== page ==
Call to ACTION: Stop Promoting Lung Cancer Stigma in the Media
Recently, the cover story of the Lung Cancer Special Issue of Cure Magazine set off a firestorm within the lung cancer community. “Quitting Smoking is Possible,” the cover declared in a large red font, and then the magazine flopped open to a two-page centerfold featuring a hand holding a cigarette, followed by a large chart comparing over half a dozen FDA-approved smoking cessation aids.
UGH. I am a lung cancer patient – diagnosed Stage IV at age 41 while working as a fitness instructor and having never smoked or lived with a smoker in my life. This headline ruined my day.
For decades, anti-tobacco efforts used negative and threatening images about lung cancer to warn of smoking’s risks. While effective at reducing smoking, this approach caused people to equate smoking with lung cancer. Smokers and lung cancer patients became villains, along with tobacco. This villainization and stigmatizing of the people — the lung cancer stigma — has wrought much damage, leaving lung cancer as the most deadly cancer worldwide, yet one of the least funded, resulting in a survival rate that has barely improved in the last 40 years.
Since my diagnosis, I, along with many others in the lung cancer community, have spent much of our precious time advocating to stop the lung cancer stigma, and still it persists. How did CURE Magazine, the largest consumer publication in the United States focused entirely on cancer, with broad distribution to cancer patients, cancer centers and advocacy groups – in their special Lung Cancer issue, no less – miss the message lung cancer patients have been trying to get across for years now?
The “smoking equals lung cancer” trope is unfair and inaccurate. The U.S. surgeon general lists 21 deadly diseases, including 11 cancers, caused by smoking, and the New England Journal of Medicine lists more than a dozen other diseases that also may add to the tobacco death toll (see here). But media and publications (like the CURE Magazine cover story) focus smoking and smoking cessation discussions primarily, and often exclusively, on lung cancer. This reinforces the stigma–and it needs to stop.
Why do I care about this issue with such a passion? I have at least 8 reasons:
- The public gets the mistaken impression that if they don’t smoke, they’re safe from lung cancer. As a never-smoker, both my doctor and I were shocked when I was diagnosed with advanced lung cancer. I’d been diligent about getting my first mammogram a year prior to my diagnosis. Yet, lung cancer wasn’t even on my (or my doctor’s) radar, despite killing almost twice as many women as breast cancer every year. Lung cancer, the number one cancer killer worldwide, needs to be on everyone’s radar.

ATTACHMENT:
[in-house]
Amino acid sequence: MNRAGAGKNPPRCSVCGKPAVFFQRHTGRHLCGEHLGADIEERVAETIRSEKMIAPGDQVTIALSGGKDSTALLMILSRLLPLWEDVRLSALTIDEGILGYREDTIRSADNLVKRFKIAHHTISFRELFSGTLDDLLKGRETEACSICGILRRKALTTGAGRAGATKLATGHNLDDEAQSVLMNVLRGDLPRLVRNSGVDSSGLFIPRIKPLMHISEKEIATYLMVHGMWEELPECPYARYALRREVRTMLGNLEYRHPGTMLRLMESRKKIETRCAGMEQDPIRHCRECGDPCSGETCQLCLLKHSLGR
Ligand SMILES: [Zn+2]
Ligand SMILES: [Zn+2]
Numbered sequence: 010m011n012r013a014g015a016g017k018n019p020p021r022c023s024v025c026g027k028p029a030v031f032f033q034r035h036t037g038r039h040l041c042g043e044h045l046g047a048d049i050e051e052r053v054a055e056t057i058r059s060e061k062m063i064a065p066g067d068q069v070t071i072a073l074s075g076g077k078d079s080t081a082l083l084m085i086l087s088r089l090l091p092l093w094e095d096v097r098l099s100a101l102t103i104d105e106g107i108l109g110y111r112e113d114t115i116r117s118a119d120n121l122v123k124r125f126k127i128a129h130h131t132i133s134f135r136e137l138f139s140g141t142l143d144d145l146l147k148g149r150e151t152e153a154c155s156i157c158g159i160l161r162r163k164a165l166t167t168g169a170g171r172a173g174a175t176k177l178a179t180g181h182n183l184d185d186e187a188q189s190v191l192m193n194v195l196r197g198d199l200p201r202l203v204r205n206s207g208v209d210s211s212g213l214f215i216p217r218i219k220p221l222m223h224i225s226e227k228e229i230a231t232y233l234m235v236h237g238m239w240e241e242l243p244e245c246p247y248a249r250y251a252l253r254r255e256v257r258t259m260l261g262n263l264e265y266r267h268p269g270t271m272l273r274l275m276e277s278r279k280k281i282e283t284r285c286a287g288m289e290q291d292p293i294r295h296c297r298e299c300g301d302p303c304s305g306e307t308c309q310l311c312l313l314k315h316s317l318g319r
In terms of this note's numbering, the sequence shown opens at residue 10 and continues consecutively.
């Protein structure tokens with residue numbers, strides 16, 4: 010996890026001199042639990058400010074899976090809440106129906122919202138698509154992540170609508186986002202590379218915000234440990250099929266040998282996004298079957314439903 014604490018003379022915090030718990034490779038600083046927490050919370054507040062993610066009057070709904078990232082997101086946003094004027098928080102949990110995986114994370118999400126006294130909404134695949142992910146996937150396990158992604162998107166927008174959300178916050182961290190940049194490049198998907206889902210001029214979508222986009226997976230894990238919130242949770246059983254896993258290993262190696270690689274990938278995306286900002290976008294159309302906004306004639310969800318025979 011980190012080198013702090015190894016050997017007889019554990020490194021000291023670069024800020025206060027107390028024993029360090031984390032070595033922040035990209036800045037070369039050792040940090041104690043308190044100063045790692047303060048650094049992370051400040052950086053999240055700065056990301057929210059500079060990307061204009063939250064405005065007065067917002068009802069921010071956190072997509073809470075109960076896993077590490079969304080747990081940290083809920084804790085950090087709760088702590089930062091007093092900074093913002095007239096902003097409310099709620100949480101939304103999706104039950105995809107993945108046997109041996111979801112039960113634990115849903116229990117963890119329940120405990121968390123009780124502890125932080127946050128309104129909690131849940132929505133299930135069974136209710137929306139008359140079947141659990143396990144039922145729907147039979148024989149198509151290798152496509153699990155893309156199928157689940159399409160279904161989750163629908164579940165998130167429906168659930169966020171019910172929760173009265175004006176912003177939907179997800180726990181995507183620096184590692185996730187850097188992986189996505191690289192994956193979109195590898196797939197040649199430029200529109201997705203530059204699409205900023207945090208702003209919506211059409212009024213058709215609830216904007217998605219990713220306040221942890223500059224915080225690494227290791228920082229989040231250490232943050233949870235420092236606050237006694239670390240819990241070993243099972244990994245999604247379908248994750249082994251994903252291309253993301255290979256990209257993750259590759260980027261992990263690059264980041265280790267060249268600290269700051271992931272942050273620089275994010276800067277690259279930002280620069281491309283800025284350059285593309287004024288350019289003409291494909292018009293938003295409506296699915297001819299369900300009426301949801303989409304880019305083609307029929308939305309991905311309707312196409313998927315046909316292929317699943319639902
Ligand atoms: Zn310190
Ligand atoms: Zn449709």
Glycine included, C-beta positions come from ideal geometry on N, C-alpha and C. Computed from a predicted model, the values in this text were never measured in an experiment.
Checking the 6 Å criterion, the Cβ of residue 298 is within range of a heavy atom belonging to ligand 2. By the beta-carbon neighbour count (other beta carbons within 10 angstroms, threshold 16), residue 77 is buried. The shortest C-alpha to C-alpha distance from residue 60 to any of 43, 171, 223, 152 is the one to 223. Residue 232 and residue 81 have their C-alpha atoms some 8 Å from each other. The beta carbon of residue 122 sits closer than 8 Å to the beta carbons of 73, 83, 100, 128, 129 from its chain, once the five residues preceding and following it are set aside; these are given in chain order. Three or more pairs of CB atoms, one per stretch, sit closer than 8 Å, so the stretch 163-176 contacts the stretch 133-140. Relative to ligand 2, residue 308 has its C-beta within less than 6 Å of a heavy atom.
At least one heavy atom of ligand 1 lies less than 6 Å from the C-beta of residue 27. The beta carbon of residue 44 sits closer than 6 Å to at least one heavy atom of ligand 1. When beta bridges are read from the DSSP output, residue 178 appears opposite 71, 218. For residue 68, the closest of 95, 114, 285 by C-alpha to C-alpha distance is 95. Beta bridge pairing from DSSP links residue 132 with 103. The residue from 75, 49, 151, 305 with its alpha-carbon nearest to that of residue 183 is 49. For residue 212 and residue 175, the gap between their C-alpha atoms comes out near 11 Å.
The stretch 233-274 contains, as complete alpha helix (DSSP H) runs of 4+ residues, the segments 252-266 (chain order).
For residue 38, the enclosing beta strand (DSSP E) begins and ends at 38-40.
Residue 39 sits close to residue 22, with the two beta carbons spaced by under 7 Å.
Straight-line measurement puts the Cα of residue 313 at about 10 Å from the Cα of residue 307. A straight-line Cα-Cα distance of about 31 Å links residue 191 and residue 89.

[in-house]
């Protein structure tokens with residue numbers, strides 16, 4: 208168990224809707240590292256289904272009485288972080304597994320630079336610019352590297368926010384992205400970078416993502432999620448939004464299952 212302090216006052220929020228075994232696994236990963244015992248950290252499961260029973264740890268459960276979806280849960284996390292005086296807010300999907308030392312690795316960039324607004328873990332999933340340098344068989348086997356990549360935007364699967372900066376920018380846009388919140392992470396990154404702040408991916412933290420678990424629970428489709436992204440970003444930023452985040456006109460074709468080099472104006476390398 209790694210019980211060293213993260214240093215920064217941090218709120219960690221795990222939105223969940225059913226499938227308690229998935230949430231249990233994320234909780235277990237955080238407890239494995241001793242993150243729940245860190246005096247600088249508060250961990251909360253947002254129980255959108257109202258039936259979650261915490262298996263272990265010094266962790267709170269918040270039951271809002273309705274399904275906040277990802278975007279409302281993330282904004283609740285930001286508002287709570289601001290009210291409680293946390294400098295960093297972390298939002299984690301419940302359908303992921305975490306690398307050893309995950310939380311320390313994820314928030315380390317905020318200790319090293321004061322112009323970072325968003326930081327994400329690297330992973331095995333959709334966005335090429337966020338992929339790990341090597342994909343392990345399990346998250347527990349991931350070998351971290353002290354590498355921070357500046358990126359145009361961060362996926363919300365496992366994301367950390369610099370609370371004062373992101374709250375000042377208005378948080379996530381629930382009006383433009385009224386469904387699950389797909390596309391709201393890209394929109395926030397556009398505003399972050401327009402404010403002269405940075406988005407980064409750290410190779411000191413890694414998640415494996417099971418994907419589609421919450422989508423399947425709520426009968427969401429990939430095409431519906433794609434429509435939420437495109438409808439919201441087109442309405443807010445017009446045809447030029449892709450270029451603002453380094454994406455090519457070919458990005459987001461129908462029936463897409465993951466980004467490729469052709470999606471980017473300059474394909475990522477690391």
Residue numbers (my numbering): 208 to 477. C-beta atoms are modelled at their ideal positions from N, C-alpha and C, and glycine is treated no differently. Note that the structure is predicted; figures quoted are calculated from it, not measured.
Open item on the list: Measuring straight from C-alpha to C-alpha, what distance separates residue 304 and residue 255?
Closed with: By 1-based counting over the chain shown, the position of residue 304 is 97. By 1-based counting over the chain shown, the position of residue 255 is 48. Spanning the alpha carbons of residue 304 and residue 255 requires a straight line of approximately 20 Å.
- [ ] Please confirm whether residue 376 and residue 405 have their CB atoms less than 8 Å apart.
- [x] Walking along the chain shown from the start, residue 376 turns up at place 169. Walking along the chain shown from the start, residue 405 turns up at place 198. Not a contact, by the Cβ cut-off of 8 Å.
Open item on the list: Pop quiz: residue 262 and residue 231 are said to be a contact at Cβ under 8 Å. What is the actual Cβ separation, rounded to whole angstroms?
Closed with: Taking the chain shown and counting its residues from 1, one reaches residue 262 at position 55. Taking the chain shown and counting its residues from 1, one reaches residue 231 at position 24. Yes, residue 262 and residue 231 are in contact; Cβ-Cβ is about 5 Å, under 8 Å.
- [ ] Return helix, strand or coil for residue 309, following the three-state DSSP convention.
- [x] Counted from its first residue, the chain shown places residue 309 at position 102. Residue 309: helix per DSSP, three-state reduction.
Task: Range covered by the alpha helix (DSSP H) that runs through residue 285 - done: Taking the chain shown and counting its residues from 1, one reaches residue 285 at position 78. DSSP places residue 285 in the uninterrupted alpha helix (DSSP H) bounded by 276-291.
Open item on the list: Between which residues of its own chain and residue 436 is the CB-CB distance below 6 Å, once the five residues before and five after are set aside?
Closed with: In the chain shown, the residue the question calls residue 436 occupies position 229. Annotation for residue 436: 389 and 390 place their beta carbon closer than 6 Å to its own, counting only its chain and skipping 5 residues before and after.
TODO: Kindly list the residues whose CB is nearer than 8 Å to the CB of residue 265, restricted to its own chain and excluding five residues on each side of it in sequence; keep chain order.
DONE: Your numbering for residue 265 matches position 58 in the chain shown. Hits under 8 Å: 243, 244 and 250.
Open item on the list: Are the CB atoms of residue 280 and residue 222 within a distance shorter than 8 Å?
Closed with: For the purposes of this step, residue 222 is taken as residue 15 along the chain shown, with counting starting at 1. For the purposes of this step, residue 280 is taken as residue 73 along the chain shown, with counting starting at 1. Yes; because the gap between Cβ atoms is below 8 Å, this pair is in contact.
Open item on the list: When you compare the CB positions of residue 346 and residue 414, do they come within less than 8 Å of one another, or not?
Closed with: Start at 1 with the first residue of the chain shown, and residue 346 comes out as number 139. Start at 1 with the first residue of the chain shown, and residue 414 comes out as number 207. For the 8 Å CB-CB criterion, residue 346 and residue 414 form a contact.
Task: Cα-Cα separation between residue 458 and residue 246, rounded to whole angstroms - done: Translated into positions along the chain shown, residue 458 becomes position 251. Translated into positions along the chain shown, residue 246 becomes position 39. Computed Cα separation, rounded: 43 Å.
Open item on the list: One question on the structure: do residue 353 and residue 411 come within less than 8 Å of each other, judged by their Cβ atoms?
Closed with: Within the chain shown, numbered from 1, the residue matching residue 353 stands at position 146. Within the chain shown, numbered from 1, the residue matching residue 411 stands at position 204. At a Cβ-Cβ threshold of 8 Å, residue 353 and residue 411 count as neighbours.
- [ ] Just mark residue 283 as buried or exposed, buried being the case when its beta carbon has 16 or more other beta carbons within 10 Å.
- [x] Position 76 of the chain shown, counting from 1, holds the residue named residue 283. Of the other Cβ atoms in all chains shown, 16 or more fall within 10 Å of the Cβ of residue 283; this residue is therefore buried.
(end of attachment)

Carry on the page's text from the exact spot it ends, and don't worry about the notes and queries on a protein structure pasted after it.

- The vast majority, about 80%, of lung cancer patients today are already never or non-smokers. Telling them they need to quit is offensive and mostly pointless.
- The public gets the mistaken impression that lung cancer is the only significant risk of smoking. People need to understand the entire universe of risks taken, and what other types of diseases to watch out for, if they choose to smoke.
- The stigma surrounding lung cancer means that funding for this disease falls far short of other diseases.
- Inadequate funding results in less research and dismal survival rates.
- Continued focus on smoking overshadows an alarming trend. The annual increase in the incidence of never-smokers developing lung cancer (attributable to an absolute increase in number, not a change in ratio of never-smokers to current and ex-smokers) has risen precipitously (and so far, inexplicably) in the last decade (see here).
- The focus on smoking also overshadows the population of younger lung cancer patients, who are more likely to be never-smokers than older patients. In 2014, the year I was diagnosed, roughly 30,000 people under the age of 50 were diagnosed with lung cancer and slightly over 21,000 died from the disease. To put this in perspective, approximately 8,300 women under the age of 54 died from breast cancer that same year (see here).
- Lung cancer patients experience blame (imposed both internally and externally) for their disease more than other types of patients, resulting in hesitation to seek or receive proper treatment. This is a heartbreaking and unfair burden to lay upon people already suffering from a terrible diagnosis.
To be clear, nobody, least of all lung cancer patients, should oppose smoking cessation efforts. Our quibble is with those continuing to highlight smoking in the lung cancer space. So long as media continues to perpetuate the message that lung cancer is “the” smoker’s disease, all of us lose, especially us lung cancer patients. We must de-link the constant anti-smoking messages from lung cancer. The stigma is literally killing us. The era of lung cancer being the poster child for the anti-tobacco and smoking cessation messaging needs to end. We in the lung cancer community are asking CURE Magazine and other media to please help us #StopTheLungCancerStigma. Please, sign our petition HERE.